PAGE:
"equipment bodies"
                  "return path"
                  The initial leader for lighting is from ground to cloud and then the big strike is cloud to earth
                  Moderator-Washington State
                  Ancora Imparo

                  Comment


                    #10
                    This is what i want to explain, the return of the strike would go to telecom equipments in case of bonded together,
                    Am i missing something?
                    "Sleem"

                    Comment


                      #11
                      Technology grounding standard

                      Originally posted by m sleem View Post
                      I have seen drawings showing a transient connection on ground between rods of communication system and rods of lightning ps, i know it's not required by code but the designer justified his design to disallow the return of lightning discharge, i said that we use the spd devices in all emergency panels per code including the communication, his justification which makes sense that grounding busbar in communication rooms are bonded together and go to ground, the equipment in communication room are bonded to busbar and go to rods belong to communication system accordingly there is no spd to disconnect the connection during strike unless we have a transient connection connected on ground,
                      If he is right, why nec doesn't require?
                      The current grounding standard for technology is ANSI/TIA-607-C and is very detailed towards deign installation and testing requirements.
                      • TIA-607 recommends a 6-awg bond between the power panel (providing power to the TR) ground bus and the Telecom Room (TR) busbar kit.
                      • TIA-607 also recommends 6-awg bond to building steel but only where the building steel is not to be used as a lightning arrestor down-conductor. When building steel is used as a down conductor the recommendation is to provide separation (not attach).
                      • There should be a separate telecom ground riser backbone that is bonded to building service entrance ground bus at only (1) point and otherwise isolated.

                      There are also NEC code references to incorporate.
                      • 2017 NEC 800-53 requires 6' separation of communication cables to lightning arrestor down-conductors where practicable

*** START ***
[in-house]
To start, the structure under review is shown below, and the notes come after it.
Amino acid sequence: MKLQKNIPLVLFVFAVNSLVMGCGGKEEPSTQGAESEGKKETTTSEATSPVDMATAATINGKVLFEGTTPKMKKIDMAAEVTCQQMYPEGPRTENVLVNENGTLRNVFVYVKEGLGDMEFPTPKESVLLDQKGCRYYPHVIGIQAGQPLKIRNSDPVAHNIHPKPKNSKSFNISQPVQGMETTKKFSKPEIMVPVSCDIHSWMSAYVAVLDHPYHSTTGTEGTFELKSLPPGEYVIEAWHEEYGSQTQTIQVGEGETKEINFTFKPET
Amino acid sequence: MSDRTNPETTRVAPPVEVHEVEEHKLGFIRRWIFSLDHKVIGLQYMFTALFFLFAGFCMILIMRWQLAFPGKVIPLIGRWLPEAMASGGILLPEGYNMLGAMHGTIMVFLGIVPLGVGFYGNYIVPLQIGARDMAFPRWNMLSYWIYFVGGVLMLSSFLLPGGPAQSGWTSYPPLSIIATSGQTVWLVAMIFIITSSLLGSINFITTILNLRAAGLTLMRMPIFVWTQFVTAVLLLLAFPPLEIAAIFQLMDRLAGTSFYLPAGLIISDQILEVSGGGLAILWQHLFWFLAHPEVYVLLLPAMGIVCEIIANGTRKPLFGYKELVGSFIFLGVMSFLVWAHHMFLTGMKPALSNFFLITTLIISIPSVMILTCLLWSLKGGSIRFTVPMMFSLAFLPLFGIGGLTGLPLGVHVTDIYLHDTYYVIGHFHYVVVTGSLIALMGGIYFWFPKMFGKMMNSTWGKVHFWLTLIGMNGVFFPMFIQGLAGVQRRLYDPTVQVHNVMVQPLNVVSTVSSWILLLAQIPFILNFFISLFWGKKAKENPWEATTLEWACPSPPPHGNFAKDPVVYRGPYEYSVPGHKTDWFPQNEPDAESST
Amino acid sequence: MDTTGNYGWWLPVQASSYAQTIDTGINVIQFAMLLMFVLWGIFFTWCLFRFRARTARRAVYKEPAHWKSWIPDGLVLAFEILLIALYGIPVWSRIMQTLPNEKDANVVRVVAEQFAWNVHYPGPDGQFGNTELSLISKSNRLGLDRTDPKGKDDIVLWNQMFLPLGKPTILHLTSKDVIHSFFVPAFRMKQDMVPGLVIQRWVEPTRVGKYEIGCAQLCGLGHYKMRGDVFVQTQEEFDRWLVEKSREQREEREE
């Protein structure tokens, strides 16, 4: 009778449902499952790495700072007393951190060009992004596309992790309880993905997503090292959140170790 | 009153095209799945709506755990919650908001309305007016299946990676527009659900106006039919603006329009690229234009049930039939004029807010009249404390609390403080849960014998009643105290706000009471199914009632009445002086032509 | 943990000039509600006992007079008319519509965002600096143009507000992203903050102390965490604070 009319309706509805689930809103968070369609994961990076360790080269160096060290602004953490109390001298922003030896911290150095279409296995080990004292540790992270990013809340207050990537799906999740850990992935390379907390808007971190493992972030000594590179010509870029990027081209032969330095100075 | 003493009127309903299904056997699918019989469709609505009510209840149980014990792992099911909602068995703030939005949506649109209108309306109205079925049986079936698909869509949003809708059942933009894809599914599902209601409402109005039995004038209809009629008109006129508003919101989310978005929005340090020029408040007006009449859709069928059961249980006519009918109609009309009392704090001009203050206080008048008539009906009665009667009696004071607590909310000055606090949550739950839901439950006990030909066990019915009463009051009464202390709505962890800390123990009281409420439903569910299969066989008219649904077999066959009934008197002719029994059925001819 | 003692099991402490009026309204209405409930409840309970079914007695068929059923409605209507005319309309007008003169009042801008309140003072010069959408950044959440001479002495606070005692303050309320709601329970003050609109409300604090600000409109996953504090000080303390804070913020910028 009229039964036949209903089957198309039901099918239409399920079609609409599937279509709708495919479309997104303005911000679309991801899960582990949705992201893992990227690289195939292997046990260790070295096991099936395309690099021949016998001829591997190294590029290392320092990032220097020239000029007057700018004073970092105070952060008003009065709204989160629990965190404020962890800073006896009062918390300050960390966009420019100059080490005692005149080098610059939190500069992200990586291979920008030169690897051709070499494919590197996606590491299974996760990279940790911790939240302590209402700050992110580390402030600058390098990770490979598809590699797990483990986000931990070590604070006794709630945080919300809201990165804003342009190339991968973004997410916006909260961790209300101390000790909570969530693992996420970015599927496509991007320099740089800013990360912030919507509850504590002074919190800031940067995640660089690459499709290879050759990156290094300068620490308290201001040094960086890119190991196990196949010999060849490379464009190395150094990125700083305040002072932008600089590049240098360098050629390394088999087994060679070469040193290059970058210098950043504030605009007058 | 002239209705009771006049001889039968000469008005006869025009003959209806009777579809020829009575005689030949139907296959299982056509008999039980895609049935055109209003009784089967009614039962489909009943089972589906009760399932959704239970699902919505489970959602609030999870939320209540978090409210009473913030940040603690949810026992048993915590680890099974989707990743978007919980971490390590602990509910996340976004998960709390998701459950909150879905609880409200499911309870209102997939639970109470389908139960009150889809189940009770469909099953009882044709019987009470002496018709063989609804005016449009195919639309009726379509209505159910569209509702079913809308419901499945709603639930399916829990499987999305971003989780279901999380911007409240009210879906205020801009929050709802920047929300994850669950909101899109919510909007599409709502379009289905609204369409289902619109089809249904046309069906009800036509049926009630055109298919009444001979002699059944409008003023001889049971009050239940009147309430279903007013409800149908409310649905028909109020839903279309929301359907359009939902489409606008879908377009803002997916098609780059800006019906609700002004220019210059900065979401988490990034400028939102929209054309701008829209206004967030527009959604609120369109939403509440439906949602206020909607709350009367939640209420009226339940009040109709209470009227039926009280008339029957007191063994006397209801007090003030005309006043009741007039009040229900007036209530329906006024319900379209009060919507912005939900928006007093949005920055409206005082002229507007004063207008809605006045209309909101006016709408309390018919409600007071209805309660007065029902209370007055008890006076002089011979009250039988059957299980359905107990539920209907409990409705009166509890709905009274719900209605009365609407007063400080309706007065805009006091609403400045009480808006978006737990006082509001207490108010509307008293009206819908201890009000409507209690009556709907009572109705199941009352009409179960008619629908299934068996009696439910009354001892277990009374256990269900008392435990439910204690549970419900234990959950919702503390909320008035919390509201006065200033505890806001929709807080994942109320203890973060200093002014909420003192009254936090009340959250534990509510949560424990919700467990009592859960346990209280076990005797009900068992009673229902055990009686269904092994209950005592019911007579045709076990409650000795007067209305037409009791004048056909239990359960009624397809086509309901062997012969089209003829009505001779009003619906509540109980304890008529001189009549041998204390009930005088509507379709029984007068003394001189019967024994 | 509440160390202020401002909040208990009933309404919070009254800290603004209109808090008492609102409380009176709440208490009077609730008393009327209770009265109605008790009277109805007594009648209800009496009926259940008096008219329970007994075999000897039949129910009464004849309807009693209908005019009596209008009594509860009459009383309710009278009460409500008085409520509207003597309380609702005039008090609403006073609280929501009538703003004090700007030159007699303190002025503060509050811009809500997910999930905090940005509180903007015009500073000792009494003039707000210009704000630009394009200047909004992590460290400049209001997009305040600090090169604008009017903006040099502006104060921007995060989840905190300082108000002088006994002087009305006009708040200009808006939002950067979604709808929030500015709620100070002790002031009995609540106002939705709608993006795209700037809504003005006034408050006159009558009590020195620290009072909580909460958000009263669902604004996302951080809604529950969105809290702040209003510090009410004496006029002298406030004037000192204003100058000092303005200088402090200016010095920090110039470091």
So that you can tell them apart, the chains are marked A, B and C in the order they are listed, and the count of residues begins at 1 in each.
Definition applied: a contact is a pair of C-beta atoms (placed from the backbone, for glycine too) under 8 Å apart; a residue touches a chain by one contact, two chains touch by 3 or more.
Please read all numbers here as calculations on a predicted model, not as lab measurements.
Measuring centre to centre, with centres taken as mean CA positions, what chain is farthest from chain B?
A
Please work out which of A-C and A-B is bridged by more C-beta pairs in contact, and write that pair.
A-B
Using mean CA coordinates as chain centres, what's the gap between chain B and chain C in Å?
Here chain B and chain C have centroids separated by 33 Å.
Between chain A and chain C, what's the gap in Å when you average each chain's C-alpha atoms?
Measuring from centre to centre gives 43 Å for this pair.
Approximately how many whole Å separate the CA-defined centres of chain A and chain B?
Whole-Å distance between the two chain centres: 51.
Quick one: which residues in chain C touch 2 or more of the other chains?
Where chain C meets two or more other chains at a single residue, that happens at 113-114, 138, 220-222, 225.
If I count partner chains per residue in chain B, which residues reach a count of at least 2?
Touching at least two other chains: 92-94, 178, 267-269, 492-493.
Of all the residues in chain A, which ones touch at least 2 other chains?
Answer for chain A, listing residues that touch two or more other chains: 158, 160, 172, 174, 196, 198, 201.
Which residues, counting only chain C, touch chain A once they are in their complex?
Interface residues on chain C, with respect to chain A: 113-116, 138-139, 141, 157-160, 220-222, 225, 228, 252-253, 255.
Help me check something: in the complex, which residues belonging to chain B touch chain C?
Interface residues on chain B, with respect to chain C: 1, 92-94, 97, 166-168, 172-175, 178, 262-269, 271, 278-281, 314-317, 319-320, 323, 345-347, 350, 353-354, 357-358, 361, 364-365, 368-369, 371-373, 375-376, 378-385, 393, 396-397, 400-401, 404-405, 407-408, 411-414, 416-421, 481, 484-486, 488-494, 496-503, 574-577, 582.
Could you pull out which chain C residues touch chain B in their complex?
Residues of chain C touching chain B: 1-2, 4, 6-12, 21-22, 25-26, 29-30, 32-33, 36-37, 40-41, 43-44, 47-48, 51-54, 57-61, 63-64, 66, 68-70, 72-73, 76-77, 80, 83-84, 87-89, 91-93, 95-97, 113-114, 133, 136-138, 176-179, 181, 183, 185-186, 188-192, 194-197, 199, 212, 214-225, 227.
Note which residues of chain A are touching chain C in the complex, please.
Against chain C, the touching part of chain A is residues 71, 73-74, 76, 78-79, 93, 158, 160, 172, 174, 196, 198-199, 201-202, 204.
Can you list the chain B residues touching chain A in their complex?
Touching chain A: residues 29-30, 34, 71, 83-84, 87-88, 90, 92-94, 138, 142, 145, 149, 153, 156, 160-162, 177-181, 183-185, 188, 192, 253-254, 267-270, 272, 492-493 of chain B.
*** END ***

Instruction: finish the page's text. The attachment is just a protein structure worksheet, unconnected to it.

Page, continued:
• NFPA 780 contains additional information on lightning arrestor system design.

                      Comment


                        #12
                        Originally posted by m sleem View Post
                        This is what i want to explain, the return of the strike would go to telecom equipments in case of bonded together,
                        Am i missing something?
                        The lightning current has no particular desire to go to the server room. It might go there because it is inclined to go everywhere it can. It might, or might not, send much more current through the underground bonding wire than it would through the earth. After all, if that underground wire is bare copper as it should be, then the strike can discharge to the earth all along the route. To my understanding there isn't too much certainty about predicting exactly which way lightning will go.

                        One thing that strikes me as relatively certain though, is that if you don't bond the grounding systems with a 6awg wire at ground level, and the lightning finds some other unanticipated path through other wires above ground, it would do a lot more damage along that path than along a 6awg copper wire in the ground.

                        Finally, I believe the NEC requires the lightning system to be bonded to the premises grounding system so that in case the lightning system were to somehow be accidentally energized by a human-made source it would trip a breaker. Same principle as bonding water pipes and gas pipes. The imperatives of protecting people from human-made shocks and protecting against lightning damage do not dovetail well at all, to my understanding. Add to this a certain amount of grounding religion in some people's heads, and it may be quixotic to think all of the various codes and standards will make any kind of unifying sense.

                        Comment


                          #13
                          Again, Motorola R56 is the standard for telecom and cell towers. The cell companies use a single point ground....lightning wants to go to a earth ground, path to the equipment is high impedance.
                          Moderator-Washington State
                          Ancora Imparo

                          Comment


                            #14
                            Originally posted by tom baker View Post
                            Again, Motorola R56 is the standard for telecom and cell towers. The cell companies use a single point ground....lightning wants to go to a earth ground, path to the equipment is high impedance.
                            Equipment's body is metal, how earth has lower impedance?
                            "Sleem"

                            Comment


                              #15
                              Originally posted by m sleem View Post
                              Equipment's body is metal, how earth has lower impedance?
                              The earth is a much, much larger conductor.